Five challenges facing entry into the Asian markets
PART ONE: RELATIONSHIPS
The following part relates to relationships between people. It focuses on the differences in how Western and Asian business people approach relationships, how these relationships are developed and how various cultures have an effect on such relationships. The issues discussed are mainly threefold and are divided into: (1) Guanxi relationships; (2) Individualism, Collectivism and Confucianism; and (3) Westerners in China.
1: Guanxi Relationships
Having watched a fare share of Hollywood movies one is bound to have noticed the different methods of doing business in Asia. In more than one Hollywood movie a group of American businessmen try to set up a deal with some Chinese businessmen. Before any deal can take place the businessmen first have to meet with the Chinese businessmen and do what seems like anything BUT negotiate a deal. They go to a karaoke bar, out dinner, get drunk, play golf, and exchange gifts. This practice is commonly referred to as developing guanxi (a connection or relationship) and is a fundamental issue in the Chinese business culture. Understanding the way in which to develop guanxi, and eventually guanxiwang (a web of guanxi networks), is vital for anyone thinking about doing business in China.
Developing guanxi is the process by which two persons, or parties, do something for each other (a sort of favour) which develops a bond between the two, and a feeling of mutual obligation. Eventually, a series of such exchanges may lead to the formation of a guanxi based relationship. Yamagishi and Yamagishi (1994) believe that trust is not the main issue in guanxi but rather the assurance that one has created a feeling of mutual obligation towards the other party. In fact, guanxi doesn't even have to involve two people that like each other, as long as both parties continue to follow through with the obligations involved in the relationship.3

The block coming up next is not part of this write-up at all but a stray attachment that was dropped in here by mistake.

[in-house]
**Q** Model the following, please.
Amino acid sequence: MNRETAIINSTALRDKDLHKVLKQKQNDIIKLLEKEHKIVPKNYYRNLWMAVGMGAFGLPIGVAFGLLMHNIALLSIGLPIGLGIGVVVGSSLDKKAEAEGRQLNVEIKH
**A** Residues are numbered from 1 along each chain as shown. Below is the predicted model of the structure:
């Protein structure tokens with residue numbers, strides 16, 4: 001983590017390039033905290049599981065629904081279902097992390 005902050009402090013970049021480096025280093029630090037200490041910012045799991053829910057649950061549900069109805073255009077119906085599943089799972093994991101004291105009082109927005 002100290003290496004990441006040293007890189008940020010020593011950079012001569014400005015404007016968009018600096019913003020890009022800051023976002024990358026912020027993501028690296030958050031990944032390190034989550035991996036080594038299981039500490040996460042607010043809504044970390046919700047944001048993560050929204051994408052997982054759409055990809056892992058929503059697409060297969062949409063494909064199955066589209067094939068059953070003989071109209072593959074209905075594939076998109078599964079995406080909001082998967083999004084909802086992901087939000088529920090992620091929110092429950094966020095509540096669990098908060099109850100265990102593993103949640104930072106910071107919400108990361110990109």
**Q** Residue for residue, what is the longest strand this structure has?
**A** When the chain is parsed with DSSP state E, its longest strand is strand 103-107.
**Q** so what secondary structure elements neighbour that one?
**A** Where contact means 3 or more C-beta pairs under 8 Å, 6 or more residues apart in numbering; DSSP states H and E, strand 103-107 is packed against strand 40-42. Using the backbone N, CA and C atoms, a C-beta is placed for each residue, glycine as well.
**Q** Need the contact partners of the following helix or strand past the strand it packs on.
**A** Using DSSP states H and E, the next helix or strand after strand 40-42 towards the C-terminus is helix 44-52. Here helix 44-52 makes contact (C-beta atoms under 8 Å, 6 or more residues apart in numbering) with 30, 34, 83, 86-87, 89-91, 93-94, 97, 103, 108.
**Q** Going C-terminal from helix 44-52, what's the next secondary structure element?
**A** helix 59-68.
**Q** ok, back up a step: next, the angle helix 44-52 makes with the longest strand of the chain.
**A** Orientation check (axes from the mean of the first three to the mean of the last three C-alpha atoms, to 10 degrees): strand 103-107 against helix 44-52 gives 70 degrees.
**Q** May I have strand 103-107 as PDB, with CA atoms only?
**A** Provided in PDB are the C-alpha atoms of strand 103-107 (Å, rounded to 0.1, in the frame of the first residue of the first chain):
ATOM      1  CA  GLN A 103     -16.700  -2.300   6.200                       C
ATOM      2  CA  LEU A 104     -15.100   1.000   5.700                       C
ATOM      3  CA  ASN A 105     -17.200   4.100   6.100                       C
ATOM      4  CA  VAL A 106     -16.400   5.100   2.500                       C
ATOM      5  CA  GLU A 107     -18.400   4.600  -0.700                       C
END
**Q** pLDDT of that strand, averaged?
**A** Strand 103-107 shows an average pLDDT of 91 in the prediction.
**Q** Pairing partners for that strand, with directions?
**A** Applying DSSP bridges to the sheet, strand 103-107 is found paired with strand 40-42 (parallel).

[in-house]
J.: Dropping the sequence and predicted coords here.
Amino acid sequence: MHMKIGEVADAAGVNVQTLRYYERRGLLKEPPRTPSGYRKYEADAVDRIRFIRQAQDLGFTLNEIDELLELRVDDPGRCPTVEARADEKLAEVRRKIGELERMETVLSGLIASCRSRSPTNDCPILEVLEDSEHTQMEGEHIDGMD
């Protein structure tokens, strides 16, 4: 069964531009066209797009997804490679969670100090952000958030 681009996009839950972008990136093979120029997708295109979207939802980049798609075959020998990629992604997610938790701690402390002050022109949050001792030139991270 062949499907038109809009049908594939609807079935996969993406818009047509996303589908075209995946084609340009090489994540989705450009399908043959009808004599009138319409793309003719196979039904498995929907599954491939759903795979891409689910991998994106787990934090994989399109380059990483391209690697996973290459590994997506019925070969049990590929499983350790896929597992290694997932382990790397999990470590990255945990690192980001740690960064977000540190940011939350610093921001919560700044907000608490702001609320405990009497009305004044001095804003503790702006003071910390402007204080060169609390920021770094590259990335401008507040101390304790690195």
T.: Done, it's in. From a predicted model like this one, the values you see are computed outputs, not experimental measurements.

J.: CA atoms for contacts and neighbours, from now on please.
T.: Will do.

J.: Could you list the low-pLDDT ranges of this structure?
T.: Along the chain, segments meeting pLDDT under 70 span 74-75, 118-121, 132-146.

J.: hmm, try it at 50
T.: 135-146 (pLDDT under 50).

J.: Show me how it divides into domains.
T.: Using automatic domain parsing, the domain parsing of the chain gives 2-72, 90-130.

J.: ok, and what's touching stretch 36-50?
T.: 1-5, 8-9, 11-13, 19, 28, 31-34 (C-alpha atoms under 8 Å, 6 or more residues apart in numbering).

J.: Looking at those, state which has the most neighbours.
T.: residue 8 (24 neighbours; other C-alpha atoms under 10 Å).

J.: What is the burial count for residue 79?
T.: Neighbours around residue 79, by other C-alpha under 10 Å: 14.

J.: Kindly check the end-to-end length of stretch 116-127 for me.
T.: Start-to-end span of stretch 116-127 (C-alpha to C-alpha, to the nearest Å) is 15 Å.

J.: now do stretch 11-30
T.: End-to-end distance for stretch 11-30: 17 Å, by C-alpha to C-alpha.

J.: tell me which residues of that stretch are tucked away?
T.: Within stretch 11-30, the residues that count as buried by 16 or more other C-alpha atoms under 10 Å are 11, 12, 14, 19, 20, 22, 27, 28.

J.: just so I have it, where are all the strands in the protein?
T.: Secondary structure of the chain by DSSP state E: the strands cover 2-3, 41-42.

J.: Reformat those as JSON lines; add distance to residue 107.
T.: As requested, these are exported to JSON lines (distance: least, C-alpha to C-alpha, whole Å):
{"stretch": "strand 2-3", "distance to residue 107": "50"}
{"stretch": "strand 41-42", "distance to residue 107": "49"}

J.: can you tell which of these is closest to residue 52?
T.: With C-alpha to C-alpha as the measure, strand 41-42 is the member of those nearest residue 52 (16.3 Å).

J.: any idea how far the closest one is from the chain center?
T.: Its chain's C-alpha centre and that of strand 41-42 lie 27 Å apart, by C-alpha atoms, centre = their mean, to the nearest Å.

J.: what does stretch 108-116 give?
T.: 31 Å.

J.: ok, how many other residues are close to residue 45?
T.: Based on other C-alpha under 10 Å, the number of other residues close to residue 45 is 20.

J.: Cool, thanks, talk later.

One thing to keep in mind when developing a guanxi relationship is that guanxi is much more than two parties simply exchanging favours or gifts. The ultimate goal is not to get a favour for a favour but to establish a long term relationship with another party. As described by Luo (2000), The relationship itself must be presented as primary; the gift exchanges, useful though they may be, are treated only as secondary'. The risk involved in misunderstanding this relationship is that it can lead to the formation of a "meat and wine friendship" which may sound fine to a western business man, but is in fact a Chinese metaphor for mistrust.4
In order to form guanxi there has to be a commonality'4 which can be any connection between two persons such as a place of birth, school, or work). Being in someone's family automatically gives a person some measure of guanxi but not working in the same organization.4 Commonality is therefore necessary but not sufficient to form guanxi. Some guanxi is even transferable. An example would be if A is interested in forming a relationship with C. The problem is that A does not have any known commonality with C and can therefore not start the development of guanxi. On the other hand, if B has a guanxi relationship with both A and C, then B can actually act as an intermediary, and introduce A and C thereby forming a commonality between the two. According to Chon-Phung (1999) a person who brings a buyer and seller together is more than a middleman he vouches for the reputation of the one he introduces.4 Thus, strangers doing business become strangers no more.' Sometimes however, an intermediary is not needed. This is possible if both parties anticipate a future relationship and therefore believe that a commonality has already been established.4
Renqing and Mianzi
An unpaid obligation as a result of a guanxi relationship, such as a favour not yet returned causing the feeling of being obliged towards another party, is referred...
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